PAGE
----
An unexpected link between fatty acid synthase and cholesterol synthesis in proinflammatory macrophage activation

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Different immune activation states require distinct metabolic features and activities in immune cells. For instance, inhibition of fatty acid synthase (FASN), which catalyzes the synthesis of long-chain fatty acids, prevents the proinflammatory response in macrophages; however, the precise role of this enzyme in this response remains poorly defined. Consistent with previous studies, we found here that FASN is essential for lipopolysaccharide-induced, Toll-like receptor (TLR)-mediated macrophage activation. Interestingly, only agents that block FASN upstream of acetoacetyl-CoA synthesis, including the well-characterized FASN inhibitor C75, inhibited TLR4 signaling, while those acting downstream had no effect. We found that acetoacetyl-CoA could overcome C75’s inhibitory effect, whereas other FASN metabolites, including palmitate, did not prevent C75-mediated inhibition. This suggested an unexpected role for acetoacetyl-CoA in inflammation that is independent of its role in palmitate synthesis. Our evidence further suggested that acetoacetyl-CoA arising from FASN activity promotes cholesterol production, indicating a surprising link between fatty acid synthesis and cholesterol synthesis. We further demonstrate that this process is required for TLR4 to enter lipid rafts and facilitate TLR4 signaling. In conclusion, we have uncovered an unexpected link between FASN and cholesterol synthesis that appears to be required for TLR signal transduction and proinflammatory macrophage activation.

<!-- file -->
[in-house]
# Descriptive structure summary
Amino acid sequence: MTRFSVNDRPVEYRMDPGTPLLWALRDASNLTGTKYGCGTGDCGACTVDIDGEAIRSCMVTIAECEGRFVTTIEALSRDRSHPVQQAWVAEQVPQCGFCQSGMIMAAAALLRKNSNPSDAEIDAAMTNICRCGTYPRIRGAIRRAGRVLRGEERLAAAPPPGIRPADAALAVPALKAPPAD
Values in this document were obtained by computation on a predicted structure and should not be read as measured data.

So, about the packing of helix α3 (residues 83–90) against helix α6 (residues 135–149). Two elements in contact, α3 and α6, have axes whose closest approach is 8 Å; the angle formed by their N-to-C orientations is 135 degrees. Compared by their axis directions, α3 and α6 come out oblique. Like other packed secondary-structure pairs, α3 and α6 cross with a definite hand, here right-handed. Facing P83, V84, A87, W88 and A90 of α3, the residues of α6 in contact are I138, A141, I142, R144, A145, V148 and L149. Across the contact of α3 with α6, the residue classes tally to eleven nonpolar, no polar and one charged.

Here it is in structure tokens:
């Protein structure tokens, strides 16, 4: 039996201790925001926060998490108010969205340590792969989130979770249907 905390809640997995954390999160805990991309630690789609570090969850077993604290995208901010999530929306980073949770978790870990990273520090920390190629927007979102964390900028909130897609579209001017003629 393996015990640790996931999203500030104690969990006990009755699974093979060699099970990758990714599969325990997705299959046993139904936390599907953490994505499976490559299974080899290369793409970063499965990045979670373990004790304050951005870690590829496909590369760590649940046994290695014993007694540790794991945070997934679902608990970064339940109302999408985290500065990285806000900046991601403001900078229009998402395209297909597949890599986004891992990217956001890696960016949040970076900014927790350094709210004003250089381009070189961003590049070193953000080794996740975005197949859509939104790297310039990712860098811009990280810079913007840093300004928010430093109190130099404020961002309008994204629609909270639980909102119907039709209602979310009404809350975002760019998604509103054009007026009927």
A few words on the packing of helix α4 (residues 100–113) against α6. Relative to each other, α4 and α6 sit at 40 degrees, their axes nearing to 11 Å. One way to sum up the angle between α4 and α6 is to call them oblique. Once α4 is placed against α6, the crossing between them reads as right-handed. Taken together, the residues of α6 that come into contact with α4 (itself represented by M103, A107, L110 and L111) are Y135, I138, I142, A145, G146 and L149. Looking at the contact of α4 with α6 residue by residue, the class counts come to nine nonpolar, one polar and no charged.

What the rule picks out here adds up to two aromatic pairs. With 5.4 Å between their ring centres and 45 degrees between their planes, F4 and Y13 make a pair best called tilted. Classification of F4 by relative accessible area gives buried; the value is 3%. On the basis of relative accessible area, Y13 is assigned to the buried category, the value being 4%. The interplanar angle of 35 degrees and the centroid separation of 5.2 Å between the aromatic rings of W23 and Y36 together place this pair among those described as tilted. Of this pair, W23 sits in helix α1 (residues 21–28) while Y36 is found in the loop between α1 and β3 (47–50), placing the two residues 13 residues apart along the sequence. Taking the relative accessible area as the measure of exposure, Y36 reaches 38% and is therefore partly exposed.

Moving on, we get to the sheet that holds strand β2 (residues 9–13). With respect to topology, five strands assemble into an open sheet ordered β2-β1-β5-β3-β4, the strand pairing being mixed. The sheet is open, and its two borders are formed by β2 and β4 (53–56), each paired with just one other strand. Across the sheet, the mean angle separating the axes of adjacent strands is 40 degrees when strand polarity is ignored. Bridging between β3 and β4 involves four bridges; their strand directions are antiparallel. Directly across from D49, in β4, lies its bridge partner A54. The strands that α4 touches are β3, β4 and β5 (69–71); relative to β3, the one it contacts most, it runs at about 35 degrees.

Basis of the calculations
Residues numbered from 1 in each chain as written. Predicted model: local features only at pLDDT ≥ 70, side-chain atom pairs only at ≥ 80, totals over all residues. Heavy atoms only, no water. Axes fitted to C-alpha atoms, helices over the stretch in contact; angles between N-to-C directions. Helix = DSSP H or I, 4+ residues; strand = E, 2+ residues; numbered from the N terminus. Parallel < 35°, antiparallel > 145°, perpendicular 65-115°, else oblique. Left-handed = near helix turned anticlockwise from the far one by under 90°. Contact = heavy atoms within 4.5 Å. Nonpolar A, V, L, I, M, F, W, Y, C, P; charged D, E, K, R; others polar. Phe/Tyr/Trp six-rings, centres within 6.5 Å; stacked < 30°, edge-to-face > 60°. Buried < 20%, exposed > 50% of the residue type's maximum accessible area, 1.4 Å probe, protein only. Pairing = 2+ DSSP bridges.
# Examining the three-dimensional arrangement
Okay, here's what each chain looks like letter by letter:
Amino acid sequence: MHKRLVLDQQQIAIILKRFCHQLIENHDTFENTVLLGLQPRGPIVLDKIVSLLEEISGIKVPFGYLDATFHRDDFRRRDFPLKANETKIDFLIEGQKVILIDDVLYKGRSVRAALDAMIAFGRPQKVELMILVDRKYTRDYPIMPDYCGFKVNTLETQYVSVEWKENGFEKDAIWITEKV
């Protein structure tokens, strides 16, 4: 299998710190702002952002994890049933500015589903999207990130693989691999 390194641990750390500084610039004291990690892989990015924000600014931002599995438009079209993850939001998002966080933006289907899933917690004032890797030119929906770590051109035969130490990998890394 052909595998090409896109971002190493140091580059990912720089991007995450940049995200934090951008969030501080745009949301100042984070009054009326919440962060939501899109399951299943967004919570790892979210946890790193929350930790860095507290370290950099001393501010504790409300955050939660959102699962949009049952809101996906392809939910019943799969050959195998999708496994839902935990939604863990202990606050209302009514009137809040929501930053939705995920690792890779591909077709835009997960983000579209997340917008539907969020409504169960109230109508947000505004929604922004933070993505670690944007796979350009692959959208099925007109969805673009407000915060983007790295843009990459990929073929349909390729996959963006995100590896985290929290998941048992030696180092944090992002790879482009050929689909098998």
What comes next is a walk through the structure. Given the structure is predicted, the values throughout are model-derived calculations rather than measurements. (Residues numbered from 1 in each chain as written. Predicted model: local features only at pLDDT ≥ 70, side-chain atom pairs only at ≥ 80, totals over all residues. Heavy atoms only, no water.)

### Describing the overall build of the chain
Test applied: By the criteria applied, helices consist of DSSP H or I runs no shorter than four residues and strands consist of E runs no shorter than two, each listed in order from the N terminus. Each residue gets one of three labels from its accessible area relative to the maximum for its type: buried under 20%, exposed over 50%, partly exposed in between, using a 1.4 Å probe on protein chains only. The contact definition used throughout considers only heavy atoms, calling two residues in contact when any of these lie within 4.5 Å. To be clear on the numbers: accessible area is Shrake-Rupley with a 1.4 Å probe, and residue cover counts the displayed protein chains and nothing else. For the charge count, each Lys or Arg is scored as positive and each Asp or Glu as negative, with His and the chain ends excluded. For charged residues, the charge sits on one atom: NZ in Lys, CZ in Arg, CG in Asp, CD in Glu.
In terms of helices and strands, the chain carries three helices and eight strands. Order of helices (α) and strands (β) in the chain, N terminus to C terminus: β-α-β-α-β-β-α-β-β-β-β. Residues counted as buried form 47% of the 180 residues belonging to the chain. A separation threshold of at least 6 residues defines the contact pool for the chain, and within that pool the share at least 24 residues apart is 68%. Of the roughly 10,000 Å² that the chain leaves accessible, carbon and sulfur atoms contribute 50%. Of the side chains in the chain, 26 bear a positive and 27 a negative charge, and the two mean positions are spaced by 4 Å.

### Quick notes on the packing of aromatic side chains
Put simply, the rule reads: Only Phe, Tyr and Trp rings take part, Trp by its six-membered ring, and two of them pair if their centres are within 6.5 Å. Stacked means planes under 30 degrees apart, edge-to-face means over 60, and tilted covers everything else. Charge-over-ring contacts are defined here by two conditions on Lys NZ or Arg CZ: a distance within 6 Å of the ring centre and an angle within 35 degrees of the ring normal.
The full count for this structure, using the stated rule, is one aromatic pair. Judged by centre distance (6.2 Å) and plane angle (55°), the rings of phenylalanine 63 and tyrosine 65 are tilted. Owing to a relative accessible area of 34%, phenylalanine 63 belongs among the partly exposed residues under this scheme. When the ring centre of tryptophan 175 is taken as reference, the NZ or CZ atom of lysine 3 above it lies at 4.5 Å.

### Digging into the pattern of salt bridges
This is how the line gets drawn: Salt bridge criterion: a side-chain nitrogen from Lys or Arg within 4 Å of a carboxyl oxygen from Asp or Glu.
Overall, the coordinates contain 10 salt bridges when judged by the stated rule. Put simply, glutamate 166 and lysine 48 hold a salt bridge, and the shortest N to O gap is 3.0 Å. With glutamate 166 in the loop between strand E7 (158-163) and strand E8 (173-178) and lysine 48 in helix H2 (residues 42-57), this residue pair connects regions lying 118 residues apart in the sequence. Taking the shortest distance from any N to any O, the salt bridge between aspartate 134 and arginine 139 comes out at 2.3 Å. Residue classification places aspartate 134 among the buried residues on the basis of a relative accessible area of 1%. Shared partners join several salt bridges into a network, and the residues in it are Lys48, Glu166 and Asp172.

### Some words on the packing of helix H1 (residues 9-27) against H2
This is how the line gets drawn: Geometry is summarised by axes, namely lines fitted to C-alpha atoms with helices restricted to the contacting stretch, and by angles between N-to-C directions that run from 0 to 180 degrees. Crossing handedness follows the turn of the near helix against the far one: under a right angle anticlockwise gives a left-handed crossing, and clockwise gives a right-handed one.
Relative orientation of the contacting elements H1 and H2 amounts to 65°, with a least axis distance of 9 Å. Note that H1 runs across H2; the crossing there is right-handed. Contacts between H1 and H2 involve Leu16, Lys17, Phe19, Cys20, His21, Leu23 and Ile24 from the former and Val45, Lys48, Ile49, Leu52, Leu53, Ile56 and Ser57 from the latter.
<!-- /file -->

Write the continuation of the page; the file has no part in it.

Carroll, R. G., Zasłona, Z., Galván-Peña, S., Koppe, E. L., Sévin, D. C., Angiari, S., … O’Neill, L. A. (2018). An unexpected link between fatty acid synthase and cholesterol synthesis in proinflammatory macrophage activation. Journal of Biological Chemistry, 293(15), 5509–5521.

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